Kachari is a Sino-Tibetan language of the Boro-Garo subgroup, spoken in Assam, India. With fewer than 60,000 speakers recorded in 1997, and the Asam 2001 Census reporting a literacy rate of 81% the Kachari language is currently ranked as threatened. Kachari is closely related to surrounding languages, including Tiwa, Rābhā, Hajong, Kochi and Mechi.
While there are still living adult speakers, many children are not learning Kachari as their primary language, instead being assimilated into the wider Assamese speaking communities.
According to LSI, Kachari language was divided into Plain Kachari or Bårå(Boro) and Hill Kachari or Dimasa.
Kachari consists of the 13 consonants shown below and three Non-syllabics,(Frictional: h, frictionless palatal: y, frictionless rounded velar: w) :
|Verb "to See" |
|Case||Case Form||Final Form||Meaning|
|Progressive||-dang||nu-dang||I am seeing|
|Simple Past||-bai||nu-bai||I saw|
|Past Progressive||-dangman||nu-dangman||I did see|
|Past Remote||-nai||nu-nai||I had seen|
|Simple Future||-gan||nu-gan||I will see|
|Paulo-post Future||-si-gan||nu-si-gan||I will see (almost immediately)|
|-thang||nu-thang||Let him (them) see|
As can be seen from the chart above, the future tense is indicated with -gan, while -si- indicates that the future event will occur soon or in the near future. One example is "Bí faigan", he will come, as opposed to "Bí faisigan", he will come (almost at once) or he is about to come.
Present tense is shown through three affixes, "ǔ", "dong" and "gô". The first two forms represent indefinite and definite forms and are far more common that "gô", which is frequently only used to answer questions in the affirmative.
Most adjectives can be added both before or after the noun it is describing, though it gains the case ending if it follows the noun, rather than precedes it. This follows the identification of as a strongly suffixing language. However, this classification goes against Konwar's description of Kachari and a related language, Karbi, as primarily prefixing to create adjectives.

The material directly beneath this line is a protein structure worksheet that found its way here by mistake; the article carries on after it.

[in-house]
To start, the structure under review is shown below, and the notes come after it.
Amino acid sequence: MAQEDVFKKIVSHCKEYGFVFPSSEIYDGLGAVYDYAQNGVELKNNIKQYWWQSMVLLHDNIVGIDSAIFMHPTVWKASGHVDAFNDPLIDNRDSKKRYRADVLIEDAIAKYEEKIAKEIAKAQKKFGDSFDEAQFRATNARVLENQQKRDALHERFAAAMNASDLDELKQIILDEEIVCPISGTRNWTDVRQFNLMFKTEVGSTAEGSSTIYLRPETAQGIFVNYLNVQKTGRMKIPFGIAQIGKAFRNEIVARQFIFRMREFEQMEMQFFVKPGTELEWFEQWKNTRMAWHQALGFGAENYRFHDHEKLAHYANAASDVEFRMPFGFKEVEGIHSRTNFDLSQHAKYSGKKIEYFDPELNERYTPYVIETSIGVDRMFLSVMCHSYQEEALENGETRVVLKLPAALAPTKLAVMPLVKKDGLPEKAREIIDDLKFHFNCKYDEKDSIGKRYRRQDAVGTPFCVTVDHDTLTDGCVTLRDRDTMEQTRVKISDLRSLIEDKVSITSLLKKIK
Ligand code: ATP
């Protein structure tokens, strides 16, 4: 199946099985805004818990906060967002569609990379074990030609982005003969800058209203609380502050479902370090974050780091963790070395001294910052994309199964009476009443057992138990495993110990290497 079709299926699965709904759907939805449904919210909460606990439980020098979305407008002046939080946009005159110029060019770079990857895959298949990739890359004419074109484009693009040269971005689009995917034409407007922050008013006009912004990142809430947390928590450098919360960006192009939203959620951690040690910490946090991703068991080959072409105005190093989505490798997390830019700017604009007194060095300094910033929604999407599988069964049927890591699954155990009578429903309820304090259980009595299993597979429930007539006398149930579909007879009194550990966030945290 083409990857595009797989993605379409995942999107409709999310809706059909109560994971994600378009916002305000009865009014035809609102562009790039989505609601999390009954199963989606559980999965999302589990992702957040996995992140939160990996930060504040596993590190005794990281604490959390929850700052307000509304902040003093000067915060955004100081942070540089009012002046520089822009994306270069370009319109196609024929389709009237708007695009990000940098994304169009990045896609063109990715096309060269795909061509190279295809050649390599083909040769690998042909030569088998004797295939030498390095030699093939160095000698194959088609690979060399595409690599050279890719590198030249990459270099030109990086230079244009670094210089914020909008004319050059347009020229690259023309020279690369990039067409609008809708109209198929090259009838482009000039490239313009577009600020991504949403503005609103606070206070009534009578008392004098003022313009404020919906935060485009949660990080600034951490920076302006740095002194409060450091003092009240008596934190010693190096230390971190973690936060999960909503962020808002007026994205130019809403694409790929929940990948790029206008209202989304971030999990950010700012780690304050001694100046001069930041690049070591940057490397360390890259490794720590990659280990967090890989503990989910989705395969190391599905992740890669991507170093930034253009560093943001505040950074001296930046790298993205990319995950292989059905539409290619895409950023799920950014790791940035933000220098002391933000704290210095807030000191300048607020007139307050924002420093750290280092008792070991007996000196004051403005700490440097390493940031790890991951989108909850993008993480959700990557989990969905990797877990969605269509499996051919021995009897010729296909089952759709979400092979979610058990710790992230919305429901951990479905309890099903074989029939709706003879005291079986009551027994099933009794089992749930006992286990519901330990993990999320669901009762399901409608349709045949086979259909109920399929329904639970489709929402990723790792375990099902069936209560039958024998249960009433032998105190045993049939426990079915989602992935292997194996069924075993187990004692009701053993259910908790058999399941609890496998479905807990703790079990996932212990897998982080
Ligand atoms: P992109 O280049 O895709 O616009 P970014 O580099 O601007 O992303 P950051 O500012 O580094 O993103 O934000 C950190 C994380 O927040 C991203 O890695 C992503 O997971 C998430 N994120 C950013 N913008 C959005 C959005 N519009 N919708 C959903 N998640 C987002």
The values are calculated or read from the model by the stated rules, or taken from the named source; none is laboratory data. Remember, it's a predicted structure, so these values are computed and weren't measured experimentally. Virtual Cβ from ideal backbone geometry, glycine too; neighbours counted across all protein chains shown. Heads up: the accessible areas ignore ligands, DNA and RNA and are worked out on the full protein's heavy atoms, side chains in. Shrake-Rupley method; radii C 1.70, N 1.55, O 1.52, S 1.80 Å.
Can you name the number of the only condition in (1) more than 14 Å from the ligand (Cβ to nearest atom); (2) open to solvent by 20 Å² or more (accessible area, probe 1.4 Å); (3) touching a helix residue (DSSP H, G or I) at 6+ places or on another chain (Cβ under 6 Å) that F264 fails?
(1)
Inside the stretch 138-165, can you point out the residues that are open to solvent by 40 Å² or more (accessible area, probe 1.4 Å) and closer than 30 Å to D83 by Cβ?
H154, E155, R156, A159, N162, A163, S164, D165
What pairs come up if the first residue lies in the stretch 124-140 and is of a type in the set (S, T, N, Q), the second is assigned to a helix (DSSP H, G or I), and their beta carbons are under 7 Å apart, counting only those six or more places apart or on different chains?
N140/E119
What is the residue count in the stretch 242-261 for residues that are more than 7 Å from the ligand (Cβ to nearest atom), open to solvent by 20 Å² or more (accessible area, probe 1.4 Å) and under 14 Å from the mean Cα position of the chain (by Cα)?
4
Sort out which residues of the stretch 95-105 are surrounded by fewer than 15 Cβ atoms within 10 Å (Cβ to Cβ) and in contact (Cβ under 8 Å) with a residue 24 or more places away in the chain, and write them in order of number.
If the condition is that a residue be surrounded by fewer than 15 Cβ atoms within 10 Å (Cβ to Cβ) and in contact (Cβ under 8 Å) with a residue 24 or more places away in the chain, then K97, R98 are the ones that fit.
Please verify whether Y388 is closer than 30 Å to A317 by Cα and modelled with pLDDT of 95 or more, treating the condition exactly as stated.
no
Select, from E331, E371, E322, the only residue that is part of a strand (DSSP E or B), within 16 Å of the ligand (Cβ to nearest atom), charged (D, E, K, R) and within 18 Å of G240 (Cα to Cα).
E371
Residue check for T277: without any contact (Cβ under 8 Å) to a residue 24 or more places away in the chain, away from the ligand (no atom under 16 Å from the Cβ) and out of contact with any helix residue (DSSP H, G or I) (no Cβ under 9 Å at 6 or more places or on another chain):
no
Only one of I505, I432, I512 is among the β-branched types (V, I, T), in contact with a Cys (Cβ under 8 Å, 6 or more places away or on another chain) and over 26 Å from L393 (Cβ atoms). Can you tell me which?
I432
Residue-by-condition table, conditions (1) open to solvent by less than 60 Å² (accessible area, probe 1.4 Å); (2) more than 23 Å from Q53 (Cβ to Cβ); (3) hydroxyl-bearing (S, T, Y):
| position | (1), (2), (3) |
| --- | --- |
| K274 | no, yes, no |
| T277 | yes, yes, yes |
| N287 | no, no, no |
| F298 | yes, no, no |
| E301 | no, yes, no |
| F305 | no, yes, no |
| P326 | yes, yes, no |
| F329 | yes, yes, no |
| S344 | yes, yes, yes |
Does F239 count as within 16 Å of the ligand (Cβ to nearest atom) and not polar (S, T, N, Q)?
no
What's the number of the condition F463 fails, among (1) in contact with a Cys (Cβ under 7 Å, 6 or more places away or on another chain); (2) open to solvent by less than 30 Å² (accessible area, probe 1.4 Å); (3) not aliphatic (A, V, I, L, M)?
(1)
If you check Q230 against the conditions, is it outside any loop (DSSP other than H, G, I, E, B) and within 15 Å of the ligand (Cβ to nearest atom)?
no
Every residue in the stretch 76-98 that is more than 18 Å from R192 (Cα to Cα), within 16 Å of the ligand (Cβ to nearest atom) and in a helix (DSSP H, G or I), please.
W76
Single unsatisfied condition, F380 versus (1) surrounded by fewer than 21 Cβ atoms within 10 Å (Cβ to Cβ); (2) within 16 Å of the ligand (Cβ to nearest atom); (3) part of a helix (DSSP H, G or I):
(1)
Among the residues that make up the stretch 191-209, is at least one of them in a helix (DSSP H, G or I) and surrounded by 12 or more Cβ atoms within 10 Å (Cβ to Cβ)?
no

Numerical adjectives are always inserted after the noun it is describing. For example, "ten goats" is "Burmá má-zǔ" with "Burmá" meaning goat, "má" being the classifier for "animal" and the number ten being "zǔ".
Gender - Common nouns such as father, mother, brother or sister have distinct masculine and feminine words while other nouns including animals, will typically have the words for male and female, -jelá and -jeu respectively, added on as a suffix to denote gender. Other common masculine and feminine suffix forms that may be used include -zǎlá/-zǔ, -bundā/-bundi, -bóndá/-bóndi, -phántá/-phánti and -pherá/-pheri.
Kachari has a decimal system and counts to 10 with unique words, after which the number words combine to add to the larger number as shown in the chart below.
|1. sé||21. nɯizise|
|2. nɯí||22. nɯizinɯi|
|3. tʰám||22. nɯizitʰam|
|4. brɯí||24. nɯizibrɯi|
|5. bá||25. nɯiziba|
|6. dɔ́||26. nɯizidɔ|
|7. sní||27. nɯizisni|
|8. daín||28. nɯizidain|
|9. ɡú||29. nɯiziɡu|
|10. zí||30. tʰamzí|
|11. zíse||40. brɯizí|
|12. zínɯi||50. bazí|
|13. zítʰám||60. dɔzí|
|14. zíbrɯi||70. snizí|
|15. zíba||80. dainzí|
|16. zídɔ||90. ɡuzí|
|17. zísni||100. zɯusé / sezɯú|
|18. zídaín||200. nɯizɯú|
|19. zíɡu||1000. sé rɯ̀za|
|20. nɯizí||2000. nɯí rɯ̀za|
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